Early intravenous fluid administration prior to extrication can help prevent acute renal failure due to rhabdomyolysis [9, 17, 20]. Treatment of crush syndrome usually requires early aggressive hydration and forced diuresis (urine output of 100–200 mL/h), alkalinization of urine (pH 6.5 or more), and maintenance of arterial pH <7.5 [16, 20, 53]. Hemodialysis, if available, will often be initiated if the serum creatinine is greater than 1.5 mg/dL [16, 53].


Basic principles of fracture management should be followed, which include temporary splinting to minimize pain and bleeding and prevent further soft tissue or neurovascular injury during transportation to more specialized services [53]. Patients with open fractures should receive early systemic antibiotic treatment and tetanus vaccination [53]. External fixation is often a mainstay of early management of the mangled limb, allowing wounds and soft tissues to be properly assessed and managed even when definitive fracture fixation is unavailable [54]. Early referral should be planned to a facility capable of managing fractures and other needs of the victims.

Delayed amputation

Other than as a life-saving procedure to extricate a trapped person where other options have been exhausted, amputation of a mangled or devitalized limb should only be performed by a suitably qualified person after careful evaluation of the limb and the patient [9, 16, 21, 44, 52]. Aids to assessment, such as the Mangled Extremity Severity Score (MESS), have been developed to guide decision making [52]. The main indications for amputation have been irreparable vascular injury, completion of partial amputation and, as a last resort in patients with severe soft tissue damage, with or without fractures and deteriorating renal and cardio-respiratory function, as well as overwhelming sepsis [21].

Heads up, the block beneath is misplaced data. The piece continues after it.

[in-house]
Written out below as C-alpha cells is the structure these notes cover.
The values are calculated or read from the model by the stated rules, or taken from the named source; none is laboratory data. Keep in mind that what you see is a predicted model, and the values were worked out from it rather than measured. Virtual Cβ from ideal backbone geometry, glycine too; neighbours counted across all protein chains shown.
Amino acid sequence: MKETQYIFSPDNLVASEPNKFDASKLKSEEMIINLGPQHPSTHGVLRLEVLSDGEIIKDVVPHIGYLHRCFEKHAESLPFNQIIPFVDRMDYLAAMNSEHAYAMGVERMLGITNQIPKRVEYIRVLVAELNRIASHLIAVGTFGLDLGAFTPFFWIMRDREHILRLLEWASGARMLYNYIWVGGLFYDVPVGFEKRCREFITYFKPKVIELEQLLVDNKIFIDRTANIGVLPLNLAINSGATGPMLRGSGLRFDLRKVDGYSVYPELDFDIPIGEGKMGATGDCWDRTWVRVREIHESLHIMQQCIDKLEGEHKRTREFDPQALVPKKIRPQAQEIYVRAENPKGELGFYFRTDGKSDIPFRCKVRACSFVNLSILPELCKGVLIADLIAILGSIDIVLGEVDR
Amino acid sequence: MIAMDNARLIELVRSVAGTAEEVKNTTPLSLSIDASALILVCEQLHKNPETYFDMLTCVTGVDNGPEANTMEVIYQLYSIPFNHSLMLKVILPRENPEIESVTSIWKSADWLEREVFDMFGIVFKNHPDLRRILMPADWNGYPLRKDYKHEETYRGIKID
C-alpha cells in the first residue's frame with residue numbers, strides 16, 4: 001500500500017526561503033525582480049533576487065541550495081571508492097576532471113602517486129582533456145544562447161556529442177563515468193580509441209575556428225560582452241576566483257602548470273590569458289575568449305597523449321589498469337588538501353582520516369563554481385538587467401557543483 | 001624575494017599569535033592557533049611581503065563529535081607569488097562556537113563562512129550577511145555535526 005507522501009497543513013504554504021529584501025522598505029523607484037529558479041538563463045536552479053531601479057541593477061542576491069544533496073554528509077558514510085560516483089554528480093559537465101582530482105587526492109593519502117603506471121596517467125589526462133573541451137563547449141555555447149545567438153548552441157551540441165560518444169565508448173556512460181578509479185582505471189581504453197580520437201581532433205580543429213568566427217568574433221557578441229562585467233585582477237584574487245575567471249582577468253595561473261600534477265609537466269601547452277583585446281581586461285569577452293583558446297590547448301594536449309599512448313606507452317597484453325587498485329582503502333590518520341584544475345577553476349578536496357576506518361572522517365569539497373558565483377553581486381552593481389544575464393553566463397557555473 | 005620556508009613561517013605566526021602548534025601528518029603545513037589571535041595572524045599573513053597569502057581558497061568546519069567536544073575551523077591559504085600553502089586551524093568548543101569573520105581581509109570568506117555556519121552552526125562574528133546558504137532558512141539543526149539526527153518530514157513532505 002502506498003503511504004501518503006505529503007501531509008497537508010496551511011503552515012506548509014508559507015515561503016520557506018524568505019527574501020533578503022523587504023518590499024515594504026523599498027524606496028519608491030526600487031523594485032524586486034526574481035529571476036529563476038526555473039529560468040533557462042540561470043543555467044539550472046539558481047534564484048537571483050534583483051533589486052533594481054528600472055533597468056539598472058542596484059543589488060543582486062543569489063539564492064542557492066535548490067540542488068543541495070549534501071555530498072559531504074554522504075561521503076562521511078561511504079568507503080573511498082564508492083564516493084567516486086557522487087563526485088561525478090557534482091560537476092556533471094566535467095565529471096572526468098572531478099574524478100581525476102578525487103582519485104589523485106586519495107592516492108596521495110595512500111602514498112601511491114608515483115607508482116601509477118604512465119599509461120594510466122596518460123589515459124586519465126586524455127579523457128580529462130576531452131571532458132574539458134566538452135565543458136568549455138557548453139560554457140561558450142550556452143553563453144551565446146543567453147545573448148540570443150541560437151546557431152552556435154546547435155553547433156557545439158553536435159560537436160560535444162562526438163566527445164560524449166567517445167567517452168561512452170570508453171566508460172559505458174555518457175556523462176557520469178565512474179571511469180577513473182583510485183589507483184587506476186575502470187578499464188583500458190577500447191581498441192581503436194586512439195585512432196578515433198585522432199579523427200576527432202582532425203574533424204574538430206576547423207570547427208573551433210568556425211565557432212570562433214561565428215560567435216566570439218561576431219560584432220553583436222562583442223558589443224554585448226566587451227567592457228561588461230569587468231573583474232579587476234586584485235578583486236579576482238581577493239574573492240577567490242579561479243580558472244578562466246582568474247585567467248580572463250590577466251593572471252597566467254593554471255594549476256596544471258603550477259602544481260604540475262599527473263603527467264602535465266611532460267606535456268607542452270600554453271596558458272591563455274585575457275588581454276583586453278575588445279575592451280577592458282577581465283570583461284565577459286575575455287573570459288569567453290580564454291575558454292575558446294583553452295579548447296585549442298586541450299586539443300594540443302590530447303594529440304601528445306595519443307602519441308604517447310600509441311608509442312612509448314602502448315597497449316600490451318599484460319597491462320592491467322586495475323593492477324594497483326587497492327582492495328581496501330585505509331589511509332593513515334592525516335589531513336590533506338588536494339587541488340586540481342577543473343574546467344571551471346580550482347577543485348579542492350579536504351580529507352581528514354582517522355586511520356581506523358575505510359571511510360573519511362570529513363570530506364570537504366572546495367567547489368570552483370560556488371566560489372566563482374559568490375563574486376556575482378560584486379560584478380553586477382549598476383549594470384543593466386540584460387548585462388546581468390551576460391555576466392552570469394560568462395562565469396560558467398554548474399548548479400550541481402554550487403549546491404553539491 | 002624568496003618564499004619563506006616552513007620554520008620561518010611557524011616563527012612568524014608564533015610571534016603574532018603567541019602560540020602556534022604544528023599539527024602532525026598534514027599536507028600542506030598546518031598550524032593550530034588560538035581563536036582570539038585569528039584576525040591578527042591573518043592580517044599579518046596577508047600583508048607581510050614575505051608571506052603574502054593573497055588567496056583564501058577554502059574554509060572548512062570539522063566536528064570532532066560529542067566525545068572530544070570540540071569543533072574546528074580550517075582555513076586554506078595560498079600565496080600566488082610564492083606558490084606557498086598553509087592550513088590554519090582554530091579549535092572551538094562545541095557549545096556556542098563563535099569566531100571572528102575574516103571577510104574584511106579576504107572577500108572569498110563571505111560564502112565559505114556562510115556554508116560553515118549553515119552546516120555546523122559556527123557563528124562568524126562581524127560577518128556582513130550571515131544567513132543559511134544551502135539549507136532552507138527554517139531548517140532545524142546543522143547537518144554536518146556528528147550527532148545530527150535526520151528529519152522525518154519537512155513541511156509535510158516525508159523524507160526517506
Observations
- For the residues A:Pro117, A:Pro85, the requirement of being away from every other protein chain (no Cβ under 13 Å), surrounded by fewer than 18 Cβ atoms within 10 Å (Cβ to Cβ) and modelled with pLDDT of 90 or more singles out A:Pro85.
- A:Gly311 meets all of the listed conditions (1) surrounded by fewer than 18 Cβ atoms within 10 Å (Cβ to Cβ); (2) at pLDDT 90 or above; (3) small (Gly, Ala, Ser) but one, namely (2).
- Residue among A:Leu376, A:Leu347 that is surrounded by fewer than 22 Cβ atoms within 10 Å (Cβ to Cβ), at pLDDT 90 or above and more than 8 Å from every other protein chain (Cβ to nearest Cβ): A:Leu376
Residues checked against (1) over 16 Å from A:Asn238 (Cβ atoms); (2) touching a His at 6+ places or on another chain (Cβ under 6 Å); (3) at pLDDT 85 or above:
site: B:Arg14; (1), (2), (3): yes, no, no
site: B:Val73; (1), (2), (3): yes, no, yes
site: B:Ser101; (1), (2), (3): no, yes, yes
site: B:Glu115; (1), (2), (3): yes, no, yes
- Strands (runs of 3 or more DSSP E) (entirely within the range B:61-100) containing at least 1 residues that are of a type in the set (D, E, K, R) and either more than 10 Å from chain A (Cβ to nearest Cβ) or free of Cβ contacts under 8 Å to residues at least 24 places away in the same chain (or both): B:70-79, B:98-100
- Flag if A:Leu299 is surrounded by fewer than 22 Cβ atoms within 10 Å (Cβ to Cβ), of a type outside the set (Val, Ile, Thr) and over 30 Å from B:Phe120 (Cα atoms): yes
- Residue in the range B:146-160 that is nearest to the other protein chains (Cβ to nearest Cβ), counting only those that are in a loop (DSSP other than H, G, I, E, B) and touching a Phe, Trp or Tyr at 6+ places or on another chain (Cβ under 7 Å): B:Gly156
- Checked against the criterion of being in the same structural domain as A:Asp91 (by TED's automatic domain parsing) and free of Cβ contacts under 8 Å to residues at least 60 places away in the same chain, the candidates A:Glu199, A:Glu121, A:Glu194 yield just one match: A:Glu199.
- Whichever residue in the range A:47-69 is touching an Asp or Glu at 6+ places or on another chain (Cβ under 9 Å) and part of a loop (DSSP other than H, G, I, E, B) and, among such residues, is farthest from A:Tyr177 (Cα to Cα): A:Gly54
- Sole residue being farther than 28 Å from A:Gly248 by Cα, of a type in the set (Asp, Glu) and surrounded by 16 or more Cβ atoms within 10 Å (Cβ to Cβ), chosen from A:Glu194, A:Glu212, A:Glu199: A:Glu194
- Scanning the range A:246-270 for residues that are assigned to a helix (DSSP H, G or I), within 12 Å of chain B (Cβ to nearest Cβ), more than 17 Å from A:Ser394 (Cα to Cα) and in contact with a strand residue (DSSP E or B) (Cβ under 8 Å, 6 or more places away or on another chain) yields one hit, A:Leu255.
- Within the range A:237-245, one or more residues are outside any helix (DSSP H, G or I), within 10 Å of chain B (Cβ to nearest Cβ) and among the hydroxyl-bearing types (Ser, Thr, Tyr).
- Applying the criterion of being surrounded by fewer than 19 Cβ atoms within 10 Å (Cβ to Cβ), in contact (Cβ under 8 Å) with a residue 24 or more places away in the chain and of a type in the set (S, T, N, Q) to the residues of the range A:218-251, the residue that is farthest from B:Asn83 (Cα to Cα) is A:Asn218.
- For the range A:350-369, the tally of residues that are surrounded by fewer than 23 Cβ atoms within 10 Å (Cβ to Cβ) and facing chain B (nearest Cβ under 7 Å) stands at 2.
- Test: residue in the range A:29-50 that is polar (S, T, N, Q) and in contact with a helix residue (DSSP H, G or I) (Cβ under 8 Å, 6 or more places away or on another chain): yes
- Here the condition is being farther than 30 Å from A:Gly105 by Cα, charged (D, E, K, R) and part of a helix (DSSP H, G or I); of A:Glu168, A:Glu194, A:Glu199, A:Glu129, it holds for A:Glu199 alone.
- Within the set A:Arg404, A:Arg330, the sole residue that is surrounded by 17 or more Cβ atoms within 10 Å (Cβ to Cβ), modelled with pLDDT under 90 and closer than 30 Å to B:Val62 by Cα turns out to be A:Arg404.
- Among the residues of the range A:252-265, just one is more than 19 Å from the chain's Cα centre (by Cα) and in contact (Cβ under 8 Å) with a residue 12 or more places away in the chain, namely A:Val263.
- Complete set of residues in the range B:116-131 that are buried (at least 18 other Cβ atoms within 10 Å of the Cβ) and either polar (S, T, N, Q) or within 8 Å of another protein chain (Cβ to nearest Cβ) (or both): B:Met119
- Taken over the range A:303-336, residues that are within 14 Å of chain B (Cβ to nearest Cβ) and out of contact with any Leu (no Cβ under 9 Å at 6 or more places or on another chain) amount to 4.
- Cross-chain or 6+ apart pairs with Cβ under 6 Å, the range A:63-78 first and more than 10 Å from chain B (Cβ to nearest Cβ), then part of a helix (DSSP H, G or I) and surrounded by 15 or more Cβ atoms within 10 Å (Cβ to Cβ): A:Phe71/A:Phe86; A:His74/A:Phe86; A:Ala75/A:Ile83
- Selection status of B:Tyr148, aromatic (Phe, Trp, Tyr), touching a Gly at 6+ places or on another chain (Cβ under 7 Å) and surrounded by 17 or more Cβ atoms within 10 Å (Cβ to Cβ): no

Wounds of the head, neck, face, hands, and feet

In disaster settings wounds on the face, neck, hands, and feet should be managed according to the same principles, as they have early wound infection rates exceeding 50 % [2, 4, 37, 54, 56].

Although it may be technically challenging to treat injuries to these sites, adequate debridement and delayed primary closure are still key to preventing severe wound infection. In one series the infection rates among patients who had and had not undergone wound debridement were 2 and 62.5 %, respectively [23]. Where there are cosmetically challenging wounds, early referral to an experienced surgeon may reduce the risk of eventual disfigurement or loss of function. In any wounds of the head, neck, or face early consideration needs to be given to the possibility of brain or airway injury.


Through this systematic review we provide an evidence-based overview of the clinical challenges of managing wounds among survivors of natural and man-made disasters. We also provide evidence of suboptimal wound management in recent disasters, noting that these wounds could have been better managed with adherence to some key principles. The review and the deliberations of the international panel have clarified and redefined these key principles, distilled from a variety of sources, that together comprise the necessary aspects of good wound care in austere environments. It is anticipated that adherence to these practices will minimize preventable deaths and improve the outcomes and quality of life among survivors.